Sometimes the shortest distance between two points is not a straight line. Sometimes it requires seemingly irrational detours, taking you off track and temporarily away from the trajectory of your dreams.

For the team at Mars2025, this was the exact predicament in which they had found themselves. This group of space enthusiasts, billionaires, astronauts and NASA chiefs (both past and present) realized that in order to fund their 60 billion dollar manned mission to Mars (employing Dr. Robert Zubrin’s Mars Direct approach), they must first build a base support and pop culture enthusiasm that rivaled or eclipsed the optimism of space travel that existed in a post WWII America. And that, they concluded, was done by returning to the Moon in two highly publicized and propagated trips in the summer of 2016.
The space community is not terribly excited about a return to the Moon. Sure it has been 44 years since man last stepped out of Apollo 1 and planted a flag into the silver dust of the Moon, but the cost-to-scientific-gain ratio did not pencil out – in many minds a return to the Moon is a dog-and-pony show, specifically designed to bolster support both publically and politically for the much more expensive, much more dangerous, and much more rewarding mission to Mars. But as Sir Richard Branson said, “I’d enter myself in the Westminster Dog Show if that is what it took to get to Mars.” His group held a ‘by any means possible’ attitude, and Mars2025 could never be accused of a lack of passion or resource.
Mars2025 is a privately funded group of space enthusiasts and scientists that include equal part billionaires, such as Elon Musk, Paul Allen, Richard Branson and Jeff Bezos, with seasoned aerospace veterans Dr. Alan Stern, Mike Griffin, Burt Rutan and Peter H. Diamandis. Their first return flight to the Moon is branded “scientific” and their second flight to the Moon considered “artistic”. In an attempt to bolster support for a manned mission to Mars, they are sending an artist to the Moon. Sending an artist to the Moon. I could say that over and over all day long…
The technical specifications are inspiring all by themselves. From their artist call:
The two-person crew will consist of one NASA certified astronaut and one “artist”. If the selected “artist” does not meet the physical and psychological requirements of the mission, an appropriate substitution may be made. The mission will last approximately 48 hours with 26 hours spent on the surface of the Moon. Two space walks will be performed totaling 4 hours outside of the craft. The “artist” is allowed no more than 6 cubic feet of cargo weighing no more than 30 kilograms. Installation, performance, sculpture, dance, and/or land art will be considered for selection. Select artist proposals will be judged by the Mars2025 board of directors and awarded based upon originality, inspiration, and artistic merit.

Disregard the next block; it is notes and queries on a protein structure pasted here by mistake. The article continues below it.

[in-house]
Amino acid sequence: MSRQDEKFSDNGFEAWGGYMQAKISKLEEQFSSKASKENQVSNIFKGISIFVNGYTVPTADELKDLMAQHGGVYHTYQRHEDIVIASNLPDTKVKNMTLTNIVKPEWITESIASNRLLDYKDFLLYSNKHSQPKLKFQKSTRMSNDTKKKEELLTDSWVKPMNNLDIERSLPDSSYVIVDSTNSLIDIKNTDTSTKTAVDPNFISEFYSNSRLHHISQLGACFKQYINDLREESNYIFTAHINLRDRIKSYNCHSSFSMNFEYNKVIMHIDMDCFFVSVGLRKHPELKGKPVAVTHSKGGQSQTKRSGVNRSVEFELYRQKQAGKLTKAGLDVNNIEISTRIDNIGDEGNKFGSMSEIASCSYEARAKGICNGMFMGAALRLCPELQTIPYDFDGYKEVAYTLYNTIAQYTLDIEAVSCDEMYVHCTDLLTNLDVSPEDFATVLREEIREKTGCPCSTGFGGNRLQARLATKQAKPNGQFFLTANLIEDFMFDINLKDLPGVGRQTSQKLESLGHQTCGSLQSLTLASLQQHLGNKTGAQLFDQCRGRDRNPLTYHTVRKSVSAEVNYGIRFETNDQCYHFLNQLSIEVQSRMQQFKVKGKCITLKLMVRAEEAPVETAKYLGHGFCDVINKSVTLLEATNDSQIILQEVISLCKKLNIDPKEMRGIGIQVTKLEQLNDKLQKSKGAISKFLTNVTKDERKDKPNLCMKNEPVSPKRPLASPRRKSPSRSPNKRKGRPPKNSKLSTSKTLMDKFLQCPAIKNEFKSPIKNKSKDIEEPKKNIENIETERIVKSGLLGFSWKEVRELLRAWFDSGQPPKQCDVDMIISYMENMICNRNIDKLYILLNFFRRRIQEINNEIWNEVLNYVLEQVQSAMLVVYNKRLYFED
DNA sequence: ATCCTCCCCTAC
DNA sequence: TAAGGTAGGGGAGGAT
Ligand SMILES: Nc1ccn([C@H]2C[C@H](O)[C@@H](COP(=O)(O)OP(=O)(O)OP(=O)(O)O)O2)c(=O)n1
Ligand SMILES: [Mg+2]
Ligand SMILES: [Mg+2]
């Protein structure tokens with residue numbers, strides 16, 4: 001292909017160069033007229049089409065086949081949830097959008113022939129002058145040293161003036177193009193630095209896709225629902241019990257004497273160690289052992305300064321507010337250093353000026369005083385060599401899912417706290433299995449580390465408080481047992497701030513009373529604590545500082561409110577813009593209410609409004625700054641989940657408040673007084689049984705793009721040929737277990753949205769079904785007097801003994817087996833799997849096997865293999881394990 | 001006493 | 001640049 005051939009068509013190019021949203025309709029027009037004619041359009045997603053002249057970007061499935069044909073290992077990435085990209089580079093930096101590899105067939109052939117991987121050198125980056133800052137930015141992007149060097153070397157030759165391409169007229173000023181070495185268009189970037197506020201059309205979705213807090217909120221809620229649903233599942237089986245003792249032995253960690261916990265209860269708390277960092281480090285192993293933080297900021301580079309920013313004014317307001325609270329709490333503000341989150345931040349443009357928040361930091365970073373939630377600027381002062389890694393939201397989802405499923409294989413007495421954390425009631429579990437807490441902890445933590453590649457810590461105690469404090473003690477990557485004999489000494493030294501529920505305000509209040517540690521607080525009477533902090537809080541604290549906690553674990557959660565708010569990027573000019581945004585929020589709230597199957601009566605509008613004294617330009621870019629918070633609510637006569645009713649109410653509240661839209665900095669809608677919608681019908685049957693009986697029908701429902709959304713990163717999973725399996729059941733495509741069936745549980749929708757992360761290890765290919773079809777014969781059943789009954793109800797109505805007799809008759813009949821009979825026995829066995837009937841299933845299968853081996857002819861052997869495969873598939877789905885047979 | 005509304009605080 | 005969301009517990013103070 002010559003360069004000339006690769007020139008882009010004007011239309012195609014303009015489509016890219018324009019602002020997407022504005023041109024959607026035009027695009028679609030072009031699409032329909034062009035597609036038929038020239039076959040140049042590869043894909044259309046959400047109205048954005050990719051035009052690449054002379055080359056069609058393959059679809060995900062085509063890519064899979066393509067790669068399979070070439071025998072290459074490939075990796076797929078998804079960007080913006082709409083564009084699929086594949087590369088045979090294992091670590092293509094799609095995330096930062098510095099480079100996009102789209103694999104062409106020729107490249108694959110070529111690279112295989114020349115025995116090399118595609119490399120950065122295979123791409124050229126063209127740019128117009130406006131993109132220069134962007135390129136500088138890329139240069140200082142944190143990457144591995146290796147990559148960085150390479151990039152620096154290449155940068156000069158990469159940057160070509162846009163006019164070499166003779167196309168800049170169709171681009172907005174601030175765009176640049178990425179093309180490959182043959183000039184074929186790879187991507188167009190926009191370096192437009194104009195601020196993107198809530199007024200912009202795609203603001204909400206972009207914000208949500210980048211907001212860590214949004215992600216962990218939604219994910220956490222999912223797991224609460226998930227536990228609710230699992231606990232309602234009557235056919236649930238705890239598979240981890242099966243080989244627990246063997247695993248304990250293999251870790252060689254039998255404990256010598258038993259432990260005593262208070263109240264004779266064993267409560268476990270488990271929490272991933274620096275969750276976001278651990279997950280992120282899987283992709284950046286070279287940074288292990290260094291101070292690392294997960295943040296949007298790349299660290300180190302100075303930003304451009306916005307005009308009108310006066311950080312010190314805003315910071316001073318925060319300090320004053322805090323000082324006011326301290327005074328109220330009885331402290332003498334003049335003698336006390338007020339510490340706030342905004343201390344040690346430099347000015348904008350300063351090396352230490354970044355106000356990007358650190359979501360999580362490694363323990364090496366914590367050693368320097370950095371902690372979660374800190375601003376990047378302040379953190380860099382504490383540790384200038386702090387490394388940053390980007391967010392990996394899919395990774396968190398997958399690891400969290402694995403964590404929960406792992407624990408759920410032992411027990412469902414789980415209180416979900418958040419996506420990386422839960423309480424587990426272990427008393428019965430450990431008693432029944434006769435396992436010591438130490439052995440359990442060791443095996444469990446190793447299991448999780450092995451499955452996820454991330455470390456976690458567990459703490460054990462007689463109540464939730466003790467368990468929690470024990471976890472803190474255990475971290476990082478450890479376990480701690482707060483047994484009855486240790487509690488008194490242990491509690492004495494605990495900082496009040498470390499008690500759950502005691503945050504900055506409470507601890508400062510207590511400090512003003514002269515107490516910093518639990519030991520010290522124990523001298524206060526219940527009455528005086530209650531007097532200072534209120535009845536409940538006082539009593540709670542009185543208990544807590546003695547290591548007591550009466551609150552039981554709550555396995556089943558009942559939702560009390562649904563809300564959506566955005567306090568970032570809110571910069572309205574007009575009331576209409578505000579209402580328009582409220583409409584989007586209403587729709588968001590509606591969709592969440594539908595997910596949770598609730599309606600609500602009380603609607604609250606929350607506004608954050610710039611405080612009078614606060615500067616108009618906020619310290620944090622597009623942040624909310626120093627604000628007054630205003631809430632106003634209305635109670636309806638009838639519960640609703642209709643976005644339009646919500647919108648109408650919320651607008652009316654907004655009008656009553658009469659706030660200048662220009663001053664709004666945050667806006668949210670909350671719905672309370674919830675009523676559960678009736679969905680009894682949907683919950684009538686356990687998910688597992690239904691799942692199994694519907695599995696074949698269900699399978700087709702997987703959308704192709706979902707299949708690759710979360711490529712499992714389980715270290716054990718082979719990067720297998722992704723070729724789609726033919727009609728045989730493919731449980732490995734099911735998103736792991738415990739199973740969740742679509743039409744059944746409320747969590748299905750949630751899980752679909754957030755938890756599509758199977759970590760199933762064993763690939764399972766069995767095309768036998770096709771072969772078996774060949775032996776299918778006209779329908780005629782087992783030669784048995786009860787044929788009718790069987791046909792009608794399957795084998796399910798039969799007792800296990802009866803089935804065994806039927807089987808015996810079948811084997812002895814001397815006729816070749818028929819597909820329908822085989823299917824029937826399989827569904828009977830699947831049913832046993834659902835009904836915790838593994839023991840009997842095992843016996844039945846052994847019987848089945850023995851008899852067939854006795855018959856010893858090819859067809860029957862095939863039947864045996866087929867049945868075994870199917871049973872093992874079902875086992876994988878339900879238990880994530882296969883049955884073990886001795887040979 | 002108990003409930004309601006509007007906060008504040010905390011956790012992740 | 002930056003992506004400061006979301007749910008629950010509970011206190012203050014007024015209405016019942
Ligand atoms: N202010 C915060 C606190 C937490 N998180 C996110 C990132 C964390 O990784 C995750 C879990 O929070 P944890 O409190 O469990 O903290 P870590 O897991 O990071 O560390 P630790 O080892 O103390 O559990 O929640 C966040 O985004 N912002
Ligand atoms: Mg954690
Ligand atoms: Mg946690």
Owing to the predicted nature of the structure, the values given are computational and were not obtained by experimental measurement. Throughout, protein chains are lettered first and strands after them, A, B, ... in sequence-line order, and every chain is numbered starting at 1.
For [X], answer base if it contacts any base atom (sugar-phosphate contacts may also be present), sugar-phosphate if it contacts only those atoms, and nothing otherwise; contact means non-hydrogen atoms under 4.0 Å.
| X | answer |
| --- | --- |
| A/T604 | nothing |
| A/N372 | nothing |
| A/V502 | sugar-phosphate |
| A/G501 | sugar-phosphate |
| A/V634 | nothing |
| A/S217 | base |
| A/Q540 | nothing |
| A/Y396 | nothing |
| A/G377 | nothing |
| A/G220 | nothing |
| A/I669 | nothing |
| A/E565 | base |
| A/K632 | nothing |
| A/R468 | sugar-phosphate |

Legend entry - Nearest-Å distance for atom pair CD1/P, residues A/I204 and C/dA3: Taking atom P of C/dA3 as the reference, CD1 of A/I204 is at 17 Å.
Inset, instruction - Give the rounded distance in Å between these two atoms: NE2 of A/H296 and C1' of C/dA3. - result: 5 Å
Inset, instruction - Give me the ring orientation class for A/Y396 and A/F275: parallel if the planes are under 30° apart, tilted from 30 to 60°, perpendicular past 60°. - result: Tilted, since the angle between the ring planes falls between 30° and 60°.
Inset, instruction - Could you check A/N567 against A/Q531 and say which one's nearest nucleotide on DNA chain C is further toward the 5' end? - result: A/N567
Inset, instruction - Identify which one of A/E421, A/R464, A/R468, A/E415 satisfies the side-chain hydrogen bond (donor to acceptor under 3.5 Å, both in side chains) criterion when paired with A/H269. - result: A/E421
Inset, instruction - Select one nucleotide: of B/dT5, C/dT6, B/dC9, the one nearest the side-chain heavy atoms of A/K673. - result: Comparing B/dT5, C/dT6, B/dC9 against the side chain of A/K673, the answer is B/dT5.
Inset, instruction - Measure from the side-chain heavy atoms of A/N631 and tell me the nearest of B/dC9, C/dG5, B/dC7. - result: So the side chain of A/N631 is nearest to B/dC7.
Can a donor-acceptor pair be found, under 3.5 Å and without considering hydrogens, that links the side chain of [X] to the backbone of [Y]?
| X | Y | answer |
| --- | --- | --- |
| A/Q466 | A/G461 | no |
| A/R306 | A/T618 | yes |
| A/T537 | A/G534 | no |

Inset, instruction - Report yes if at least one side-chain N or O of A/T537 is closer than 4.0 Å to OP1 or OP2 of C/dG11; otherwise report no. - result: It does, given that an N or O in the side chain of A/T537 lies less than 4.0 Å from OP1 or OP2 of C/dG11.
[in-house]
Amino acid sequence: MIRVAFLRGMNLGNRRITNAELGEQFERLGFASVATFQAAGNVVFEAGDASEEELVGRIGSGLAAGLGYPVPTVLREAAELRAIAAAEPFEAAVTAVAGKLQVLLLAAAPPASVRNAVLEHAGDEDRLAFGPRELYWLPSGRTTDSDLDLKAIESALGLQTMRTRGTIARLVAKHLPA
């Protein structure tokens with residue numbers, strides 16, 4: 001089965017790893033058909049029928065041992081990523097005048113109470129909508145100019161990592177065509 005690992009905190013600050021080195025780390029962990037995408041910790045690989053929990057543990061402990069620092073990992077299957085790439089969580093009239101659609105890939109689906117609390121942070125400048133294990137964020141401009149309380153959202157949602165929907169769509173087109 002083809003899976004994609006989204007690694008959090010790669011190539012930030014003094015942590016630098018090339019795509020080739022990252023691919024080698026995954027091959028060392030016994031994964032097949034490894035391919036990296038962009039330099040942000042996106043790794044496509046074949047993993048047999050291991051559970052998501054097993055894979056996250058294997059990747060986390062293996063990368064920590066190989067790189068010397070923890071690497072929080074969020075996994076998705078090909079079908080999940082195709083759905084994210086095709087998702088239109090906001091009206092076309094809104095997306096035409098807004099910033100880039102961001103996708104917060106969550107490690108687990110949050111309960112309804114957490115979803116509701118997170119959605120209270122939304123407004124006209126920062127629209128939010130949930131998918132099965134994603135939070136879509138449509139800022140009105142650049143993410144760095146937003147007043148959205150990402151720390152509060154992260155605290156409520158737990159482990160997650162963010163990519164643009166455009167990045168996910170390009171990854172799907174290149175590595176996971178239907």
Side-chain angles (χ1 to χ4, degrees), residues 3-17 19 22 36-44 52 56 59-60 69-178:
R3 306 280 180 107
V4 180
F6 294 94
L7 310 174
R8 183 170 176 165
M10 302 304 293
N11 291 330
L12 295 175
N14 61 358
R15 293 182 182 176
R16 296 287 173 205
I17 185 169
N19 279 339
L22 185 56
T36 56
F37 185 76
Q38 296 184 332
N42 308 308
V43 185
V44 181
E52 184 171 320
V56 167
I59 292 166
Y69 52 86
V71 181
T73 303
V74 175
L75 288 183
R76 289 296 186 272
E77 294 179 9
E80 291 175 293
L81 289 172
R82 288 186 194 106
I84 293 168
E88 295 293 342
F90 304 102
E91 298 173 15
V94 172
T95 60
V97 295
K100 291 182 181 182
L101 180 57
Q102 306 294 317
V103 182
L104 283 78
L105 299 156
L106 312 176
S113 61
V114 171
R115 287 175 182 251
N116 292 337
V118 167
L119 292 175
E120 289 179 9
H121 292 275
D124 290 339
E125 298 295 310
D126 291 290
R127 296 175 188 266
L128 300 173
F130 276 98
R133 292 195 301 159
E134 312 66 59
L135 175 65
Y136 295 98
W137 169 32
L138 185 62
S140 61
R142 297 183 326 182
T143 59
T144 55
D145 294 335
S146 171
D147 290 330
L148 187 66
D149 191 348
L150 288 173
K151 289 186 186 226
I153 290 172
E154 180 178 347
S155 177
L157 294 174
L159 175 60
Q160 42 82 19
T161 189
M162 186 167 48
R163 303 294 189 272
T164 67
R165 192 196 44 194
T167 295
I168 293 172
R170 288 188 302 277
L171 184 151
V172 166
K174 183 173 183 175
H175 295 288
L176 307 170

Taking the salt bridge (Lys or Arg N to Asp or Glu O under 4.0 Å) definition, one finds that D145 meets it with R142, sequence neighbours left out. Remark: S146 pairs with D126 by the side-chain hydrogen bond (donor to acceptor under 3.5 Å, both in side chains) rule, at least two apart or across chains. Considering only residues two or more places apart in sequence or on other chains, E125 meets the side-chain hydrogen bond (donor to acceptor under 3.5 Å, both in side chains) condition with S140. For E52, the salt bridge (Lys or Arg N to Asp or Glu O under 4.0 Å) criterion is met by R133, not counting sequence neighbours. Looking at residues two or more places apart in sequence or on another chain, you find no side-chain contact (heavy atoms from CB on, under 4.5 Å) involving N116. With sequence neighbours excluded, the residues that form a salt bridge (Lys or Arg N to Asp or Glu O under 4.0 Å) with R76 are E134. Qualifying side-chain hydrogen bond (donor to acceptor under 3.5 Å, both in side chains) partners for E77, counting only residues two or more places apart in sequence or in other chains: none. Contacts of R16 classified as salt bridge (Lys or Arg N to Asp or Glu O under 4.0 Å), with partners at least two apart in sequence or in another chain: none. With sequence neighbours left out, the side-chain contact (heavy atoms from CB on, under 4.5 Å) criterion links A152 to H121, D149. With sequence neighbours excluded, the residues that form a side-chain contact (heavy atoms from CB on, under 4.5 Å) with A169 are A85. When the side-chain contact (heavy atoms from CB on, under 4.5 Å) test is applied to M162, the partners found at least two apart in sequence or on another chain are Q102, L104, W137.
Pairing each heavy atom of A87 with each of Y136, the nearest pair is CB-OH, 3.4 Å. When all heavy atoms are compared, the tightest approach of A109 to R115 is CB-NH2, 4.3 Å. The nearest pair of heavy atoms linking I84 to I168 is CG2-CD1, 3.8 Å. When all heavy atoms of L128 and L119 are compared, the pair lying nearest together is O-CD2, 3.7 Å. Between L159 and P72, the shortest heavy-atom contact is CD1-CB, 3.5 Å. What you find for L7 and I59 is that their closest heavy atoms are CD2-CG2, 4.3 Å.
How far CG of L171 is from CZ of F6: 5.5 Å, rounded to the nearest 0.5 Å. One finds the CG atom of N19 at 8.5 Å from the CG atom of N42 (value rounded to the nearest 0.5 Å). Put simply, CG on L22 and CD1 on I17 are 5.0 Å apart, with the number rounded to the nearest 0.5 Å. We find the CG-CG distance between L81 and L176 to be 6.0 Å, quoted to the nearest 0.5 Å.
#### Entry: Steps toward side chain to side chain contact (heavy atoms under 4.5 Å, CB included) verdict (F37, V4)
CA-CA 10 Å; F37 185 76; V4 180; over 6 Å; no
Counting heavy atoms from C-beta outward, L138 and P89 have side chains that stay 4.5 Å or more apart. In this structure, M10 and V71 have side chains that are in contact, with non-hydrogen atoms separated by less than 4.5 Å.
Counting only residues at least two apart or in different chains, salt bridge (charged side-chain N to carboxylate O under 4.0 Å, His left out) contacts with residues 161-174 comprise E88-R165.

That was the extent of their artist call. No prize money offered, no material expenses, just one trip to the Moon (at a value of approximately 600 million dollars). The sheer opportunity to walk on the moon and brilliance of glancing back and viewing our planet from space would be enough to motivate just about anyone. Being the first artist to create a work of art on the Moon? Priceless. (I’m actually surprised Visa didn’t want in on that campaign.)
Walden Three was honored to host this amazing selection of artist proposals in the Mercer Gallery this May. Guest curator Jeffrey Deitch and company rolled up their sleeves to task through the 10,851 submissions, narrowing down the selections to the most compelling (and accomplishable) proposals from 98 countries.
Andy Goldsworthy was a tough act to follow, requesting only a wooden handle gardening hoe with which he planned to carve into the moon dust a 100 meter fingerprint. Yoko Ono wanted to bring the flags of the other 195 countries not currently represented on the moon, reflecting a planetary conquest that is not nation-driven but humanity-driven. There were a surprising number of graffiti artists in the group, all wanting to tag a moon rock, or in some cases construct a wall so they have a man-made surface to tag (Banksy, Zephyr, Inkie, Ewok, as well as Seattle’s own NKO and Jeff Jacobson rounding out the final cut).
Seattle artists also included John Sutton – whose proposed 3M collaborated solar ‘yarn toss’ would have propelled nearly a mile of illuminating high-tech string into black space, and Iole Alessandrini, whose laser installation would scan and map passing asteroids and other space junk.
Kinetic sculptor Theo Jansen presented beautifully detailed drawings of his solar powered mechanical “Strandbeests” that would roam the surface for (potentially) generations to come.  Ai Weiwei partnered up again with Olafur Eliasson for an architectural structure called TIMEOUT. And maybe it was expected to see a host of architecture and design firms raise their hand for structures both metaphorical and dysfunctional. It was nice to see Tom Kundig in the mix and Zaha Hadid proposing about the most insane ‘tent construction’ I’ve ever witnessed. Even actor Zach Galifianakis put on his thinking cap, proposing a 280-foot collapsible ladder that would help a moon walker get 280 feet closer to Earth (it was entitled CAN WE GO HOME NOW?).
But in the end, the Mars2025 jury bypassed the A list artists, the starchitects, and the comedians for the more serious and introspective proposal by artist/educator Nevdon Jamgochian.
Never before had an opening at Walden 3 been so populated by security measures and private bodyguards, but then again, we did have 5 billionaires in the Mercer Gallery at once. And it isn’t just radicals and would-be kidnappers that follow billionaires around – we had a surprising amount of celebrities rubbing shoulders during the private reception and subsequent party at the Four Seasons. Who knew Kim Kardashian was interested in outer space?
– GL